He was visitor of my alma mater - Balliol College, Oxford and I had the privilege of meeting him several times in that capacity.  He was a true believer in the rule of law and was in a position to put right several injustices during his judicial career.

I recall this from the Fairchild judgment -which permitted mesothelioma claimants to recover even though science could not get them through the goal posts on the usual causation standard of proof in English Civil proceedings - Lord B had no problem moving the goal posts to avoid injustice:

The crux of cases such as the present, if the appellants' argument is upheld, is that an employer may be held liable for damage he has not caused. The risk is the greater where all the employers potentially liable are not before the court. This is so on the facts of each of the three appeals before the House, and is always likely to be so given the long latency of this condition and the likelihood that some employers potentially liable will have gone out of business or disappeared during that period. It can properly be said to be unjust to impose liability on a party who has not been shown, even on a balance of probabilities, to have caused the damage complained of. On the other hand, there is a strong policy argument in favour of compensating those who have suffered grave harm, at the expense of their employers who owed them a duty to protect them against that very harm and failed to do so, when the harm can only have been caused by breach of that duty and when science does not permit the victim accurately to attribute, as between several employers, the precise responsibility for the harm he has suffered. I am of opinion that such injustice as may be involved in imposing liability on a duty-breaking employer in these circumstances is heavily outweighed by the injustice of denying redress to a victim. Were the law otherwise, an employer exposing his employee to asbestos dust could obtain complete immunity against mesothelioma (but not asbestosis) claims by employing only those who had previously been exposed to excessive quantities of asbestos dust. Such a result would reflect no credit on the law.

Wednesday 8 September 2010

Are the PCS going to challenge the Superannuation Bill in Court?

See my earlier post on this - following the PCS's victory over the last Govt., quashing its attempt to limit civil service redundancy pay - the Coalition is using legislation to push through changes which they have been unable to agree with all the civil service unions - representatives of which gave evidence to a select committee on 27th July 2010.

It seems that litigation is again likely -here is the evidence of the PCS to the Committee:

Mr Lanning: No, we do not because it was the administration that was found to have acted unlawfully and the reason why they did was because they tried to take away without agreement people’s accrued rights, and that is effectively trying to replicate people’s contracts. It is a bit fortunate that maybe BP have made the point for us today that in the private sector people would be protected normally by their contracts on what they are entitled to on redundancy, and that was not available to people in the Civil Service. The main difference you find is actually between the low paid and high paid. We are not opposed to dealing with the exceptions that get quoted in the press, but we do not think you should penalise the majority in order to deal with the problems which are the exceptions rather than the generality. What we are keen to do is a fair deal.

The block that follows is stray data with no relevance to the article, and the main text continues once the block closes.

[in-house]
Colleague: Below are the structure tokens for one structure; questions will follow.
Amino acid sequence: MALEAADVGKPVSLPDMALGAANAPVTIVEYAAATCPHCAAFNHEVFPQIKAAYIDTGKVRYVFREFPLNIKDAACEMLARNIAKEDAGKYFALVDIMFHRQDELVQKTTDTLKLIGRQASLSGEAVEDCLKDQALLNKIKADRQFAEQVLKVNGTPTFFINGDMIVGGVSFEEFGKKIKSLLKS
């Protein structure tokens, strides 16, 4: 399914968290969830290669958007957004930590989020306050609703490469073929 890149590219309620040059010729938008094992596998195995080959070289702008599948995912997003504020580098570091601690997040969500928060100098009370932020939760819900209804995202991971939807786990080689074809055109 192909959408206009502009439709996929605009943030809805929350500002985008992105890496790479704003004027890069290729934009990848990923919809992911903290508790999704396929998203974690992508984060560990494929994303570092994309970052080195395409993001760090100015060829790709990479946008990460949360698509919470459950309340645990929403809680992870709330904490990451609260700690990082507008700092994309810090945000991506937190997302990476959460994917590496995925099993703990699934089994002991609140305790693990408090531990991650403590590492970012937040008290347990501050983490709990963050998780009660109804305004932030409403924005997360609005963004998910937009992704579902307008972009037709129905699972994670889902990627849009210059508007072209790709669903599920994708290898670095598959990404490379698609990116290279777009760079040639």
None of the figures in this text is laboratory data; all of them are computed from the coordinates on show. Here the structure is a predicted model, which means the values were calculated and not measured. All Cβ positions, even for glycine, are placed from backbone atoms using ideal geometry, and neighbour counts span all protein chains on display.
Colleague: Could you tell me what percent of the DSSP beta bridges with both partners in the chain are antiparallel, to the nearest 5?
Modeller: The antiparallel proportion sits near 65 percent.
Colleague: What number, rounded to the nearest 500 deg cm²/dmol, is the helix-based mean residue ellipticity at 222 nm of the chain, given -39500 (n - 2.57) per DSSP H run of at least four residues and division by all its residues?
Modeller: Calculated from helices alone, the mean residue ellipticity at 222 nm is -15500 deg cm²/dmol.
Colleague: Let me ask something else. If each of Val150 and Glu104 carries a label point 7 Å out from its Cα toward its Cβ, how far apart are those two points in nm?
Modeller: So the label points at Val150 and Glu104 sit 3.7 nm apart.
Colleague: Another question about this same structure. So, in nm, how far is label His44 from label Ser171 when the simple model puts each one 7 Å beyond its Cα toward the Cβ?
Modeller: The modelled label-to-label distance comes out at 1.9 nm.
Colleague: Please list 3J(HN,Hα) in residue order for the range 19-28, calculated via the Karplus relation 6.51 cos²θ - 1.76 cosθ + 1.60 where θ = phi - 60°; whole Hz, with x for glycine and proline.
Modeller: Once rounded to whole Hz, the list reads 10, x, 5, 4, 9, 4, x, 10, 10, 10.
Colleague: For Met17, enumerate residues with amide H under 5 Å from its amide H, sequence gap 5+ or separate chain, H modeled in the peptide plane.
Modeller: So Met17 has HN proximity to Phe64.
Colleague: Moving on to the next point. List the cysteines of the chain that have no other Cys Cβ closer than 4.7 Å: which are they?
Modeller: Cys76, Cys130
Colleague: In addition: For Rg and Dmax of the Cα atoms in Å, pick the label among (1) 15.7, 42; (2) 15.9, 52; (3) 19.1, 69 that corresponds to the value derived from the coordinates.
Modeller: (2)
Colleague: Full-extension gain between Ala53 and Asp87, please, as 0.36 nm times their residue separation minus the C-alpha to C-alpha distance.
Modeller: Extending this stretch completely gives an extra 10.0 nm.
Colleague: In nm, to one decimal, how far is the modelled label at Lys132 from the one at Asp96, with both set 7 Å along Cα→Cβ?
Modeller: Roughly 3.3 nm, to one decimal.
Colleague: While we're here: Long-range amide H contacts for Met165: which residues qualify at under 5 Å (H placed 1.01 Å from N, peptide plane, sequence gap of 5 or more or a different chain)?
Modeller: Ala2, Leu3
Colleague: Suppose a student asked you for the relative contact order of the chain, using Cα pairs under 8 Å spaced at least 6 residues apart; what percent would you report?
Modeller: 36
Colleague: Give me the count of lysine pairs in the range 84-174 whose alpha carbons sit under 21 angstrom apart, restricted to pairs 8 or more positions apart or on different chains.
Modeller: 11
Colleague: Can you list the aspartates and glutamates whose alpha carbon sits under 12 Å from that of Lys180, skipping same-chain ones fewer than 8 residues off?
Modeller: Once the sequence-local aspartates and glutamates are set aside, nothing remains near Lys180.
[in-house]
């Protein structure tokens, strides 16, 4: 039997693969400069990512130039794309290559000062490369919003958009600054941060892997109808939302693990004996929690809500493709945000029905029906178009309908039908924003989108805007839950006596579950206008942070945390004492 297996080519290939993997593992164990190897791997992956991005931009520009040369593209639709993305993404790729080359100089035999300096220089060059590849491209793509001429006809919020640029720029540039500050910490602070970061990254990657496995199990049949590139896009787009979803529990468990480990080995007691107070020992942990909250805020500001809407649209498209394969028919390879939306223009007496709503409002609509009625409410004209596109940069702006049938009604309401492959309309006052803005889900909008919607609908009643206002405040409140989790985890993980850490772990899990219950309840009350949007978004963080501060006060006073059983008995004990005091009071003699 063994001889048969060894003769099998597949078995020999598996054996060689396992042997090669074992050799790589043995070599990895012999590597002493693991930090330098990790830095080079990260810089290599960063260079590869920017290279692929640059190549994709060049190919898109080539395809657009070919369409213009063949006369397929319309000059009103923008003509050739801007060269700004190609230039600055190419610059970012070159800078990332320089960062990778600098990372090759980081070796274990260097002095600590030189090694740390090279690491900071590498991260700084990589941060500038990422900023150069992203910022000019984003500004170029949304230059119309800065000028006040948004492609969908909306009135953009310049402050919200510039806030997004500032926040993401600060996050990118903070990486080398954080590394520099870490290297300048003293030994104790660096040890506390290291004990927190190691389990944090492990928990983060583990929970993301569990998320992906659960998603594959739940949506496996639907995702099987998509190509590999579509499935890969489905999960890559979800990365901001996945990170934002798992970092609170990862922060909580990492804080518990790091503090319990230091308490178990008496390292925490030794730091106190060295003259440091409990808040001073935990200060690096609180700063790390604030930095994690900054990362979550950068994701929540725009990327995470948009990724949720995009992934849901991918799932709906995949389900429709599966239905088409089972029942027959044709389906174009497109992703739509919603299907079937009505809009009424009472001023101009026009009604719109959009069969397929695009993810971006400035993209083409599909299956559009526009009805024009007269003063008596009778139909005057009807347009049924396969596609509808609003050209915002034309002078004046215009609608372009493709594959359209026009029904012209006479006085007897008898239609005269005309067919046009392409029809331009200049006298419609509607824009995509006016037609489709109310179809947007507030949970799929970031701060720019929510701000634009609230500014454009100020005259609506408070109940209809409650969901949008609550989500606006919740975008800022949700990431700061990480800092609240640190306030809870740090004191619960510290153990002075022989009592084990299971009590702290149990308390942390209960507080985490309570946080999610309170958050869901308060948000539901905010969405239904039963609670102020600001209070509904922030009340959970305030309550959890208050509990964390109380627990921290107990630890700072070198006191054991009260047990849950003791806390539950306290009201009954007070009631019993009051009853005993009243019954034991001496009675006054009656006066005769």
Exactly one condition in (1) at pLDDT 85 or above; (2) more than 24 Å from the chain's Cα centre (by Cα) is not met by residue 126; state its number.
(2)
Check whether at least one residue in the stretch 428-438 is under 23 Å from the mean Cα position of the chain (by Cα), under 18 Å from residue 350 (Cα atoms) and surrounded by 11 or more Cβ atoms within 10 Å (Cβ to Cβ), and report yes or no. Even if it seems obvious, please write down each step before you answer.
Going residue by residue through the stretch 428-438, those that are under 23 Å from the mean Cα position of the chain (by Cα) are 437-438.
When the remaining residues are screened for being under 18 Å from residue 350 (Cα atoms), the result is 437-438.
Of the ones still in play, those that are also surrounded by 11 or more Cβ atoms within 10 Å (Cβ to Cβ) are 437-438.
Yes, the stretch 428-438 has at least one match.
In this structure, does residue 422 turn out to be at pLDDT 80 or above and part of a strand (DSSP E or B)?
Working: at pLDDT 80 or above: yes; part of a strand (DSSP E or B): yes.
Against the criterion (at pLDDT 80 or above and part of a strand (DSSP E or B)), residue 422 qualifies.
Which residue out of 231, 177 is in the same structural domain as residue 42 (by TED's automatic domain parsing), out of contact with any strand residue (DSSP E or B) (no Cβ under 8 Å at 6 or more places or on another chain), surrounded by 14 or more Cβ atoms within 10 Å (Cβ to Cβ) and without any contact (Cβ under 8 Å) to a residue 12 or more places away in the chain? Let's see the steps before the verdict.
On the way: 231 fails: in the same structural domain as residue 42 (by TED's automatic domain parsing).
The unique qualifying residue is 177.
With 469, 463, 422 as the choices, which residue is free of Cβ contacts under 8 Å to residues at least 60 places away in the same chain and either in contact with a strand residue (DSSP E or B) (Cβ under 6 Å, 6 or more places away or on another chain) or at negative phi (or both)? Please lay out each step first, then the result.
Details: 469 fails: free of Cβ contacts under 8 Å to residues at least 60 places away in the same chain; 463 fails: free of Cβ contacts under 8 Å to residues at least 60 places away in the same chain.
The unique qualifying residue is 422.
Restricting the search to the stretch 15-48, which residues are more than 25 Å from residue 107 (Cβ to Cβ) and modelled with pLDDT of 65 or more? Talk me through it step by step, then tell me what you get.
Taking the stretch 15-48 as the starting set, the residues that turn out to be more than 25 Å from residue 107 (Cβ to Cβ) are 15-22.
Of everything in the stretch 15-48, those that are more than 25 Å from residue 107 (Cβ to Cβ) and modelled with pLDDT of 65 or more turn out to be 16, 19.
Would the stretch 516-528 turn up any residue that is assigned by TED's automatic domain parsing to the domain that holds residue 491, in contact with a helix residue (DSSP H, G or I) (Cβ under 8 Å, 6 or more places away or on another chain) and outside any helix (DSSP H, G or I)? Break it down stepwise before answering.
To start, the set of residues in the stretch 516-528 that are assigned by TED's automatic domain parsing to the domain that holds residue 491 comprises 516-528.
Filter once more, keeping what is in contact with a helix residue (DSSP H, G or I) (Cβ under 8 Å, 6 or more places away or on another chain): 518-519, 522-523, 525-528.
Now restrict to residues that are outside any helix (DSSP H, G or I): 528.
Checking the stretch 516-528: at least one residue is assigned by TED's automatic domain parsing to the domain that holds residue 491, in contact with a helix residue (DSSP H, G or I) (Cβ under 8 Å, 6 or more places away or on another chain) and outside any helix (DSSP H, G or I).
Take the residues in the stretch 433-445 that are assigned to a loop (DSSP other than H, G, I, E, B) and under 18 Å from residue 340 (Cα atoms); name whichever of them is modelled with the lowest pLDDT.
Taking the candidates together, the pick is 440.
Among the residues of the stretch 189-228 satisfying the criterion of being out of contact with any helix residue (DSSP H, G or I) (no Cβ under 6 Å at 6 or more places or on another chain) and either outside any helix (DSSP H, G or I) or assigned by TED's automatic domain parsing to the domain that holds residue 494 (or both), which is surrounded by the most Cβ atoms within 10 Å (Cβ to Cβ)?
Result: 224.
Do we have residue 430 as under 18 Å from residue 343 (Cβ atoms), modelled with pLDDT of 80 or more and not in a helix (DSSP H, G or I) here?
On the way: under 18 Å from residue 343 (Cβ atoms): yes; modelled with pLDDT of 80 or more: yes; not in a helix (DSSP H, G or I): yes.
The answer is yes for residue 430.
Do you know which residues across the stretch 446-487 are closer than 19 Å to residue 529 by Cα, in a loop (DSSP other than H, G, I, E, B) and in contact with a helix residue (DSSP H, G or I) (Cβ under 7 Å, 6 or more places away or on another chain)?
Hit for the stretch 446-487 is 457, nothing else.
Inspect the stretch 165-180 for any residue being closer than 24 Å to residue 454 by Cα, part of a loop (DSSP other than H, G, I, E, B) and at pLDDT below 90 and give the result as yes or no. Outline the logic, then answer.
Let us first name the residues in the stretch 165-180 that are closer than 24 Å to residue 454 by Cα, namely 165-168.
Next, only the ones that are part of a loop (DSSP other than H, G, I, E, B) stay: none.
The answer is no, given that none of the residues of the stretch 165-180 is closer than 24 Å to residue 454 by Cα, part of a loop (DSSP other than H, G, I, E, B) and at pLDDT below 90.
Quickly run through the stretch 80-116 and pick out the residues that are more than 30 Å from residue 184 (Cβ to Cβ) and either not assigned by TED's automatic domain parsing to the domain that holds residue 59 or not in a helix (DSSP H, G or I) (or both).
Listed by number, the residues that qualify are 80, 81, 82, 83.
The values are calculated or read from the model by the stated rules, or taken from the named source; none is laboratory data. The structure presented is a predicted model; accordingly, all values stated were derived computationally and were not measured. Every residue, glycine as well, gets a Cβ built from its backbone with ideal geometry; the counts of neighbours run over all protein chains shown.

Q6 Chair: So you do not think you are going to finish up with a worse outcome as a result of winning the court action?
Mr Lanning: We do not think so because we think what they are doing is still unlawful. The proposition of the capping at 12 months and 15 months, according to our legal advice, falls foul of exactly the same issue, although under a different law, where the administration is trying to take away the accrued rights under human rights legislation. Pensions are regarded as possessions and we think this will be as well. We do not think it will be a workable scheme. What the administration and the Cabinet Office need to do is come together and have an agreement. There is all this focus always on the terms. The best way to reduce staff is through natural wastage and not through compulsory redundancy, and we did that for about 100,000 people and that would be the best way to save money going forward.
That sounds like fighting talk - that the accrued pension rights of existing employees are their possessions within the meaning of article 1, protocol 1 of the European Convention of Human Rights and are therefore protected by the Human Rights Act 1998. Save that article 1 says this:
Every natural or legal person is entitled to the peaceful enjoyment of his possessions. No one shall be deprived of his possessions except in the public interest and subject to the conditions provided for by law and by the general principles of international law.

In other words - Parliament can make laws in the public interest to deprive civil servants of their possessions - i.e.their pensions/redundancy rights.    There will have to be a legal debate in Court about whether the most proportionate way is being deployed to achieve a legitimate public interest - and if the PCS will not negotiate - the Govt may well argue that they have no other choice but to forcibly legislate in the public interest of saving the nation from bankruptcy.  

This is probably why the Minister (Criminal Barrister 1977-85) responsible replied to the PCS, in his evidence to the Committee, as follows: